Monday, July 22, 2013

District Court adopts recommendation finding lease extension terms ambiguous, denies motion to dismiss.

On July 12, 2013, the United States District Court for the Middle District of Pennsylvania adopted a Magistrate Judge’s recommendation that a well operator’s motion to dismiss a dispute involving an ambiguous lease be denied. Butters Living Trust v. SWEPI, LP, 2013 WL 3676533 (M.D. Pa. July 12, 2012). In February 2007, the parties entered into a written oil and gas lease. While the lease provided for the extension of the lease of pooled lands, so long as production occurred, these provisions were “expressly deleted” by hand-written changes to the lease by the parties. Further, an addendum to the lease provided the lessee to extend non-pooled acreage “under the same terms of this lease.” The “same terms,” however, were stricken from the lease by the parties’ hand-written changes.

The magistrate recommended that defendant well operator’s motion to dismiss be denied because the lease was ambiguous. Pre-printed terms in a lease, under Pennsylvania law, are to yield to hand-written changes because a hand written change “presumably evidences the deliberate expression of the parties’ true intent.” Here, the handwritten changes to the lease created more than one reasonable interpretation of the lease. The lease of pooled property could either be extended under the pre-printed terms, or not under the hand-written changes; and the lease of non-pooled property could be extended under the addendum, or not because it references rights that were stricken from the lease. Therefore, according to the recommendation, the lease was ambiguous. The magistrate explained that at a minimum the ambiguities compelled the presentation of parol evidence in order to provide some degree of contractual coherence in interpreting the disputed lease.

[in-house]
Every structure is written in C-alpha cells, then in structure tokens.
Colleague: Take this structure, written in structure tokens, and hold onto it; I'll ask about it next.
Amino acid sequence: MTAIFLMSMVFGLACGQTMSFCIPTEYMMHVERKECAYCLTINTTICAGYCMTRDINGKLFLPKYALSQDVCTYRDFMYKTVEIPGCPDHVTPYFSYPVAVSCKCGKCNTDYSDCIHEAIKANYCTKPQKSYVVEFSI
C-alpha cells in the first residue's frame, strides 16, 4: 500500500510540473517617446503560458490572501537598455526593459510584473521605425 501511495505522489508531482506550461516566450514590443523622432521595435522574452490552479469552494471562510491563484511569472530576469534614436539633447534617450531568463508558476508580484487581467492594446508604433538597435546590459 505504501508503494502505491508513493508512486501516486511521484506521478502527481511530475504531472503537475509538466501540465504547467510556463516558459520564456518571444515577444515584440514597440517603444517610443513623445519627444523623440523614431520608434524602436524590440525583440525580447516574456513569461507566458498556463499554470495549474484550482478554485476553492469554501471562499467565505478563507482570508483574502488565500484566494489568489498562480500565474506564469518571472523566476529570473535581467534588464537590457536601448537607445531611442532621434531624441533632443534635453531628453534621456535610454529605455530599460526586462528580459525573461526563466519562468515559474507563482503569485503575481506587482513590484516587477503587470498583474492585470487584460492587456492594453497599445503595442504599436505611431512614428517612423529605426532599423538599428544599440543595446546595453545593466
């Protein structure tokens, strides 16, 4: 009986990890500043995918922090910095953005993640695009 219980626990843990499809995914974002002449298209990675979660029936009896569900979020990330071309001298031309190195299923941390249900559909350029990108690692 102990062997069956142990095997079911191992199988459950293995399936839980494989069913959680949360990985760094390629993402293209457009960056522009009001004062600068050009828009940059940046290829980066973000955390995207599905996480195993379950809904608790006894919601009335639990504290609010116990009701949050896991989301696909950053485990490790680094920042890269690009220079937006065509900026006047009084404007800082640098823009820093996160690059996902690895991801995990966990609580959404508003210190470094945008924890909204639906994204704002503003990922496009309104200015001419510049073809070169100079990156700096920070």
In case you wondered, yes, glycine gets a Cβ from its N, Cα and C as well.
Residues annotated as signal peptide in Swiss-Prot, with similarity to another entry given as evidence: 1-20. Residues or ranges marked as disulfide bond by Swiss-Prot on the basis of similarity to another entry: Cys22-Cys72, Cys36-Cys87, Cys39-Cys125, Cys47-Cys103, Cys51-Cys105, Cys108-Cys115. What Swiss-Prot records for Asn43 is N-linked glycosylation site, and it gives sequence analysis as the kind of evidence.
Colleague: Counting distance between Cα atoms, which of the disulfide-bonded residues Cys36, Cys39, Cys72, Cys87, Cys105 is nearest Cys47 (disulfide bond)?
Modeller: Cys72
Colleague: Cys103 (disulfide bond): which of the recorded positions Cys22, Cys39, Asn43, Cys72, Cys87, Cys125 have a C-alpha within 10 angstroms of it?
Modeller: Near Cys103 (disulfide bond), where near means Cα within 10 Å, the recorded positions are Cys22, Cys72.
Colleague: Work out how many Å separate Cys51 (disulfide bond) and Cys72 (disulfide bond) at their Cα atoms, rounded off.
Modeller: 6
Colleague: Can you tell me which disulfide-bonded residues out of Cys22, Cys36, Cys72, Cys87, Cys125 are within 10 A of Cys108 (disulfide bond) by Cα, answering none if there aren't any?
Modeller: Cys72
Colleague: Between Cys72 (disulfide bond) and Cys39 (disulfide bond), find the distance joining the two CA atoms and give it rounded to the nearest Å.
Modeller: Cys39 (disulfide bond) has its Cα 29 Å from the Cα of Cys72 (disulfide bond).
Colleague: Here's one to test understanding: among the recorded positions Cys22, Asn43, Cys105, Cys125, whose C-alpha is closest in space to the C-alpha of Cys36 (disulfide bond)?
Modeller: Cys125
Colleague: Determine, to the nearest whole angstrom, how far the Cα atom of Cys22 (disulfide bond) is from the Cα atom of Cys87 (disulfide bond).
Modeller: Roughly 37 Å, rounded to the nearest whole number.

To view the full opinion of this case, and other cases related to the Marcellus shale play, please visit the Penn State Agricultural Law Resource and Reference Center's Marcellus Shale Resource Area.

Written by: Garrett Lent, Research Assistant
Agricultural Law Resource and Reference Center
July 2013

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